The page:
The University of Louisiana Monroe recently partnered with the LSU Gordon A. Cain Center and McNeese State University to create the Louisiana STEM Pathways Consortium.   

The consortium allows for the delivery of the LaSTEM Pathways curricula, teacher training, and student certification across Louisiana.   

Each partner university will work with their regional high school systems to implement the Louisiana Board of Elementary and Secondary Education approved STEM curricula created by LSU faculty.   

As a partner in the program, ULM will work with Northeast Louisiana school systems to provide intensive training to teachers in the high-demand biomedical sciences and computing fields, which will enable each of the university’s four colleges to participate.   

John Pratte, Ph.D., Dean of the College of Arts, Education, and Sciences, added, “This is an effort across several colleges within ULM and with school districts in more than 14 parishes. It is a tremendous opportunity for ULM to partner with LSU and McNeese to provide workforce and education training.” 

The LaSTEM Pathways program provides high school students with the opportunity to enroll in a progression of up to eight standards-based project- and inquiry-based STEM courses to attain industry-promulgated credentials, university-issued certificates of course completion, and/or dual enrollment credit. Students who complete the pathway program graduate with either a career-tech diploma or an enhancement to their university-prep diploma with a Silver or Gold STEM Diploma Seal. 

Under the approved state education funding formula, a school district offering a BESE-approved LaSTEM Pathway course that is taught by a trained and LSU-certified teacher receives $482 per student per course in the form of Career Tech and Career Development supplements. In the LaSTEM Pathways program, the bulk of the student credentialing will be completed by LSU or ULM.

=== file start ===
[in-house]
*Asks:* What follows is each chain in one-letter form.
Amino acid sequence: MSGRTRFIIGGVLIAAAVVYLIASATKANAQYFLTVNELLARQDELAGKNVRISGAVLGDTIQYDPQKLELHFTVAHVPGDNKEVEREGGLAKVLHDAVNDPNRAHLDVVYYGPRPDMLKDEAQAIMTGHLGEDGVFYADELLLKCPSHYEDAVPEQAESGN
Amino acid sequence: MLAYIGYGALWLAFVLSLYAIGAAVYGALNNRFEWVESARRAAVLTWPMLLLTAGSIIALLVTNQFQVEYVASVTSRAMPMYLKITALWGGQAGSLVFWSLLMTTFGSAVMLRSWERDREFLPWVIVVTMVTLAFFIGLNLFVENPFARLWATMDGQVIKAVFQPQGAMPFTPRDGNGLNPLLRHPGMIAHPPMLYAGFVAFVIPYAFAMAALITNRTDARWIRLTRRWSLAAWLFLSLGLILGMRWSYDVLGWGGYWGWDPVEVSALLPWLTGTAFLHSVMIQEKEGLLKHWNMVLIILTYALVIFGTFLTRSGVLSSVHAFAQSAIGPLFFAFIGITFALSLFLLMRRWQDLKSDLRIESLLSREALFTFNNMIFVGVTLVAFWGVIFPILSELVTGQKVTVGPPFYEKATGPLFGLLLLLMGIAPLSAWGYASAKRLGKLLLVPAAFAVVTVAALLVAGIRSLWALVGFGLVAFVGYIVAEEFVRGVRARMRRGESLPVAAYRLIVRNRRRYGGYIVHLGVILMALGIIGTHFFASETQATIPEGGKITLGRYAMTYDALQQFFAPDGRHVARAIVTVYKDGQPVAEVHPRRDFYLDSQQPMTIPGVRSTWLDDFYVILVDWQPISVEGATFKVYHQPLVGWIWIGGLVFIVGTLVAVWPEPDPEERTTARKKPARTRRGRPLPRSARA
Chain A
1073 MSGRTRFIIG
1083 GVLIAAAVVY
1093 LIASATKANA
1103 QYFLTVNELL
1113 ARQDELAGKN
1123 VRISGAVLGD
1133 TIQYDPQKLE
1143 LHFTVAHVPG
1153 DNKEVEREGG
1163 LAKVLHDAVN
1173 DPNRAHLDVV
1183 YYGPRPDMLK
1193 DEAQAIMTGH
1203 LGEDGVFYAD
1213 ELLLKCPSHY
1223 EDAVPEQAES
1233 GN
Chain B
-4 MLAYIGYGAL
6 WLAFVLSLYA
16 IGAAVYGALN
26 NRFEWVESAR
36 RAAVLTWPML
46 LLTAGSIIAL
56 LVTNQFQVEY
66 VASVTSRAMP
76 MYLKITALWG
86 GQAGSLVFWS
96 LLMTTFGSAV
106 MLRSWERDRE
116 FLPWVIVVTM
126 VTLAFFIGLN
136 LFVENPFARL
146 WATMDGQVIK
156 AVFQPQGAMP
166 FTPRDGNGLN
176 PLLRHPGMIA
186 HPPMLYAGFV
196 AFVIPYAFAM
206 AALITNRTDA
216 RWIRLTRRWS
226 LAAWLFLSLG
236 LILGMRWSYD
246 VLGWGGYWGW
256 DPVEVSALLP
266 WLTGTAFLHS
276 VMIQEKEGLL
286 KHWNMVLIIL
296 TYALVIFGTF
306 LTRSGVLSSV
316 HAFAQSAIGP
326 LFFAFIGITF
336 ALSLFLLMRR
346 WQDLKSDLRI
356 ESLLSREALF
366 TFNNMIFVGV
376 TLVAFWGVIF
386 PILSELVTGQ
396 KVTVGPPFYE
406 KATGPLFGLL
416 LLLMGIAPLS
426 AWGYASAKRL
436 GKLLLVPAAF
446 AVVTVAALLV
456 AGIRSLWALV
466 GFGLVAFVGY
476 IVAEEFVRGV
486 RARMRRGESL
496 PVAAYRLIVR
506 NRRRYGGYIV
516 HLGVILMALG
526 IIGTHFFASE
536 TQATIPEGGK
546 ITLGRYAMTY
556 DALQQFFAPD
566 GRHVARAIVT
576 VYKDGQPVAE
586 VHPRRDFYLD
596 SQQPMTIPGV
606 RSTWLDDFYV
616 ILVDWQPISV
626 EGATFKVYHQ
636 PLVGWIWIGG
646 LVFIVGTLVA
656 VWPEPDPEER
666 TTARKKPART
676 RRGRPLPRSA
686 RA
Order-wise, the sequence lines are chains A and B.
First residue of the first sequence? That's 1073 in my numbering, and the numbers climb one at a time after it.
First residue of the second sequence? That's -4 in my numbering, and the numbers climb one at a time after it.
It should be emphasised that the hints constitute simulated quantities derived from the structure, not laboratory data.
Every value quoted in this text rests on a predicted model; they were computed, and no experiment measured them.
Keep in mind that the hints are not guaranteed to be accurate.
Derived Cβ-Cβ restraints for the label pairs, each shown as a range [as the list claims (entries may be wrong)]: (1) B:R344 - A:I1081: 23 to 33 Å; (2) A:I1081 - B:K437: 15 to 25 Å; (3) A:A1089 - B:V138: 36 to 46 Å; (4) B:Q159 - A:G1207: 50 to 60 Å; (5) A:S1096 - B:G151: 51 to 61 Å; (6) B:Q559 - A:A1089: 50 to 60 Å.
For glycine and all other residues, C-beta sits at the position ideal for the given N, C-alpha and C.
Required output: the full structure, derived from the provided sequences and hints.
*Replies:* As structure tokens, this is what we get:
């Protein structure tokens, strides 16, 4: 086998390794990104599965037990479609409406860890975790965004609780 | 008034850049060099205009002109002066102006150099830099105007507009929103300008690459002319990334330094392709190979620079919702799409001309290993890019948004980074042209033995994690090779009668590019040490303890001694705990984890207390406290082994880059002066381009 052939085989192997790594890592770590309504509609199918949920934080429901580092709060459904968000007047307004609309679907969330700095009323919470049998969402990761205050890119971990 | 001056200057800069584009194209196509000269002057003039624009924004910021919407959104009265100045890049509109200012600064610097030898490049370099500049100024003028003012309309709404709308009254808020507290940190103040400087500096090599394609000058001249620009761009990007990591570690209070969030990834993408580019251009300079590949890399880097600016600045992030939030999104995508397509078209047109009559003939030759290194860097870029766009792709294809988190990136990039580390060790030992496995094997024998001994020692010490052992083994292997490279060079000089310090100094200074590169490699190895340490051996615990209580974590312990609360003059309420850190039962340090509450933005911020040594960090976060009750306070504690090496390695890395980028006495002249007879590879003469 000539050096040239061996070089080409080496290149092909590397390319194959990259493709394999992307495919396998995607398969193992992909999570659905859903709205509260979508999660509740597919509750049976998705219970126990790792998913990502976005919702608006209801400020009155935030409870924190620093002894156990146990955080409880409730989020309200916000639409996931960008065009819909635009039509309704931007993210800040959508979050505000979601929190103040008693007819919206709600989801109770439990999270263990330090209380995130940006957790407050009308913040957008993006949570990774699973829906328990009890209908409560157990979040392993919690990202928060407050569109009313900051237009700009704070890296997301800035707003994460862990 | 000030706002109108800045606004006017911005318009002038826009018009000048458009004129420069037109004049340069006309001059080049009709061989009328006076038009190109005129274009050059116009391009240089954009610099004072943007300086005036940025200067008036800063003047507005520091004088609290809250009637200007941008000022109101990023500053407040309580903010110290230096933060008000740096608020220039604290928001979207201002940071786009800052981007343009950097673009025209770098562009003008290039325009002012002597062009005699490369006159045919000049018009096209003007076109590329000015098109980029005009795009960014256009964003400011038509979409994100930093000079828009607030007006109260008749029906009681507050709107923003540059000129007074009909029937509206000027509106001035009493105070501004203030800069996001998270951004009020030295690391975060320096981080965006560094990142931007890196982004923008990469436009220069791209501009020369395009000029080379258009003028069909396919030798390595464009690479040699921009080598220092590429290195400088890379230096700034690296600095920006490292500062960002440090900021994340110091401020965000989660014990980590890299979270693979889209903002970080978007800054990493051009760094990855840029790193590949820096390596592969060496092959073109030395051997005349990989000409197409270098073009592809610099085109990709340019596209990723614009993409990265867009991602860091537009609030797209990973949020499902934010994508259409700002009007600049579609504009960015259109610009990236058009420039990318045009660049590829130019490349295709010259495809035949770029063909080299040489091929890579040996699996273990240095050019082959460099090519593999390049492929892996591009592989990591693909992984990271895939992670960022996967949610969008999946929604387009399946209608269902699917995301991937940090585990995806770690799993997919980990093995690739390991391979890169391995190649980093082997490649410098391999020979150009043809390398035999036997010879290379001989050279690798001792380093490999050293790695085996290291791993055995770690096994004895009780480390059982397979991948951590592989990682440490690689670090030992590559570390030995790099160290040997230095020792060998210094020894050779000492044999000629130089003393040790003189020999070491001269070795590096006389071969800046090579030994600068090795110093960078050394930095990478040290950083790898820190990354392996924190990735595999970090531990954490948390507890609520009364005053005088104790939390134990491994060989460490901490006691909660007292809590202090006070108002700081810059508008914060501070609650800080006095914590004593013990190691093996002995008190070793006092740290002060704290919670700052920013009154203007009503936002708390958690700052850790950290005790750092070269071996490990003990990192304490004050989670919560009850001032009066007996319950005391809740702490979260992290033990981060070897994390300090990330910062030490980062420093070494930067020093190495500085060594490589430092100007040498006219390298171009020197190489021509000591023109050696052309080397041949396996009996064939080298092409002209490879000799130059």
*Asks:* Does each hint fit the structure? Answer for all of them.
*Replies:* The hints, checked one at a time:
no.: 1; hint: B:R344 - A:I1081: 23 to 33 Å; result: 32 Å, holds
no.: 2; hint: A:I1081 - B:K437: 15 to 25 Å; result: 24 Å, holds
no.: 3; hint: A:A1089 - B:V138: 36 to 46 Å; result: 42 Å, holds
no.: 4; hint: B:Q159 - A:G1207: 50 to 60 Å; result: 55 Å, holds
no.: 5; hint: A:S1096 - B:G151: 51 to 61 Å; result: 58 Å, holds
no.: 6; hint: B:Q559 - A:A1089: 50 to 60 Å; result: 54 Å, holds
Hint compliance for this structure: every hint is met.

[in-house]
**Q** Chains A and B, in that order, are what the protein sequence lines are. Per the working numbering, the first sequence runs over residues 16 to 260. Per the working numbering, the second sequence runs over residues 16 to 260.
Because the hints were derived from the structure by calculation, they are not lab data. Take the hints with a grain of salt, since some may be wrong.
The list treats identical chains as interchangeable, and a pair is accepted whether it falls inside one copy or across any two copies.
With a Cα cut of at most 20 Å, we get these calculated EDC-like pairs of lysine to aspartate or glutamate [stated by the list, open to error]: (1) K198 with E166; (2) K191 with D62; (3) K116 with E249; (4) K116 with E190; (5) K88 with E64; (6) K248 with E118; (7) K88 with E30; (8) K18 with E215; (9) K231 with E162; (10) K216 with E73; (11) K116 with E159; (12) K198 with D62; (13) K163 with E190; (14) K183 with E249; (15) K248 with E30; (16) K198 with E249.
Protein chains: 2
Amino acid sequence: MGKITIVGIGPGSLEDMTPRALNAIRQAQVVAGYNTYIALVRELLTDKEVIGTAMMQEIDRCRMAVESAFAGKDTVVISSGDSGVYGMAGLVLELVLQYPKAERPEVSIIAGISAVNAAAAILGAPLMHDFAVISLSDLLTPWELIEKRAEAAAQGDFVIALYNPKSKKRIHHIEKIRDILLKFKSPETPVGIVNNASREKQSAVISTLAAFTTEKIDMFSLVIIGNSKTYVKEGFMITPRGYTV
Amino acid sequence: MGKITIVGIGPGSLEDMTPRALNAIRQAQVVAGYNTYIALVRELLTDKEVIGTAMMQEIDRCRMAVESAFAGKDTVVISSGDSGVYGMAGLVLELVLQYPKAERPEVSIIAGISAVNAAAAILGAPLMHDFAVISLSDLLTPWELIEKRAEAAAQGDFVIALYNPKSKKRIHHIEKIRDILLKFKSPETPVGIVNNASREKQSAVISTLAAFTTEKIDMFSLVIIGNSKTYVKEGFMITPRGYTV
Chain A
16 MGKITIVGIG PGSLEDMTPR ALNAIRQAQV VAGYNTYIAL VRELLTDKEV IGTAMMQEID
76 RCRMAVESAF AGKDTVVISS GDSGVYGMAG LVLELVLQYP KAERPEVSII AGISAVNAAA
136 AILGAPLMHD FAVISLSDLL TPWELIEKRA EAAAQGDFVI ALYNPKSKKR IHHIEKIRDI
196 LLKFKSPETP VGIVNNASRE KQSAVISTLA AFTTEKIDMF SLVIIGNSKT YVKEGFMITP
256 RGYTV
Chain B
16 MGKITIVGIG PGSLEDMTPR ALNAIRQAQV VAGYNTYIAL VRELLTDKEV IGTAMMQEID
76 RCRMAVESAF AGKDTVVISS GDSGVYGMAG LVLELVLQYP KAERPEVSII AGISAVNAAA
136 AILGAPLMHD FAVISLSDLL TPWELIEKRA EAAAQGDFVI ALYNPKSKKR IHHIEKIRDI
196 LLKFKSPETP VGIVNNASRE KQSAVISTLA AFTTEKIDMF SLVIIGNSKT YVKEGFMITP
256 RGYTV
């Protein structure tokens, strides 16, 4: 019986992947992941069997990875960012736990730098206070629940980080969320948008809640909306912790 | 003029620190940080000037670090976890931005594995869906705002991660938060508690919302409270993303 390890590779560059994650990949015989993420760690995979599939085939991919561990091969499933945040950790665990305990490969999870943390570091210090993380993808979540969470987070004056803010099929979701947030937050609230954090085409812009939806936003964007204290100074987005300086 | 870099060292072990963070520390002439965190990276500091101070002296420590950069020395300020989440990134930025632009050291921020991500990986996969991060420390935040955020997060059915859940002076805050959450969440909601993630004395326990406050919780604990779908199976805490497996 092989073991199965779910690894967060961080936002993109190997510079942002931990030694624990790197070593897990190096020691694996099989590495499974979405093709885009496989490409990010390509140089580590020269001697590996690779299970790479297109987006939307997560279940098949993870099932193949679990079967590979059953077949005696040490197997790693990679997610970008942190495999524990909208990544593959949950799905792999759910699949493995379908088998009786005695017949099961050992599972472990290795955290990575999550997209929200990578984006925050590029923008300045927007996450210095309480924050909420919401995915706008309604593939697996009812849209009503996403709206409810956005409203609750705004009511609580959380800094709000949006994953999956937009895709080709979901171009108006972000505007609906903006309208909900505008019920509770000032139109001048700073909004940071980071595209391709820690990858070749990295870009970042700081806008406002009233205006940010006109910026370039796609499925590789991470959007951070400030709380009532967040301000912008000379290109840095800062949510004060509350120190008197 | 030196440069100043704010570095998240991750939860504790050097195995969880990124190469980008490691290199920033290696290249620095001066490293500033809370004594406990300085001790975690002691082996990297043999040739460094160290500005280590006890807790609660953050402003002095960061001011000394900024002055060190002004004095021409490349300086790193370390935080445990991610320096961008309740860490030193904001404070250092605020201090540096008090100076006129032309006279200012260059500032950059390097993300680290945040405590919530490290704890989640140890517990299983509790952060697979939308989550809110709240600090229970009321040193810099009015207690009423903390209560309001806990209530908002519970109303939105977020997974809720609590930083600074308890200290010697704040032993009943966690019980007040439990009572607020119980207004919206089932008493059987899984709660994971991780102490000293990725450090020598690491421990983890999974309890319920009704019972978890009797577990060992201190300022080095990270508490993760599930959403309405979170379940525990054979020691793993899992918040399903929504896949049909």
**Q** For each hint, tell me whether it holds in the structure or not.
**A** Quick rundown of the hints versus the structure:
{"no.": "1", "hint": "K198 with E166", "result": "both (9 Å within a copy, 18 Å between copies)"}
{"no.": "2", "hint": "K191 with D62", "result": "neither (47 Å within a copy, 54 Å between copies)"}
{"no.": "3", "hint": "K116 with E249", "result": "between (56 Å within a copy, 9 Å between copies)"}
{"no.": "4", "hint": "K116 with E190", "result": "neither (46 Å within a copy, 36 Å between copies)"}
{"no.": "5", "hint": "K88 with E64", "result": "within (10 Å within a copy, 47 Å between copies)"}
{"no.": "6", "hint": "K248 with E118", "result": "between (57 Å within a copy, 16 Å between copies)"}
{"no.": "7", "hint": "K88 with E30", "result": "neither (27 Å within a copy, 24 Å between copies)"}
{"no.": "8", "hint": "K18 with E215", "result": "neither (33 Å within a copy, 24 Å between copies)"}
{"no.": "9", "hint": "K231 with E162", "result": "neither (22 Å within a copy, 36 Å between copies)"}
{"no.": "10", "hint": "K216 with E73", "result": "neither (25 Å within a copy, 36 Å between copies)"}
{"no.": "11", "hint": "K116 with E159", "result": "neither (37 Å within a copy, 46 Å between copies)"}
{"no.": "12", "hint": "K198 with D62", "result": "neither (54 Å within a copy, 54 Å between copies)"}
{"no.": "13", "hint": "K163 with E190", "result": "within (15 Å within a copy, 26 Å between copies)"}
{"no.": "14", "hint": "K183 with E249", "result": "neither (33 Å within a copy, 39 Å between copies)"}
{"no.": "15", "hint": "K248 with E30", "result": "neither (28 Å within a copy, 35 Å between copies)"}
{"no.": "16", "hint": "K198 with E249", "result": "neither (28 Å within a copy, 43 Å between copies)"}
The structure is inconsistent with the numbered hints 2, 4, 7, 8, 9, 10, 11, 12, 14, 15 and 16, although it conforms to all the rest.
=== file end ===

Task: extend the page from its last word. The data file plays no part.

“Four of our faculty have been training with LSU faculty this summer to prepare for their role in training regional high school teachers,” indicated Ron Berry, Ph.D., Dean of the College of Business and Social Sciences.

“We look forward to working with our secondary school partners across the region to improve STEM education through this partnership.” 

John Sutherlin, Ph.D., Professor of Political Science and Public Administration and LaSTEM Coordinator, added, “A great deal of thanks goes to Billy Dean Blackett, a board member of the Louisiana Environmental Education Commission and a longtime advocate of education and ULM. Dean helped bring all of the parties to the table, which led to this exciting and very promising partnership. His commitment to providing opportunities for young people across our region is exceptional.”

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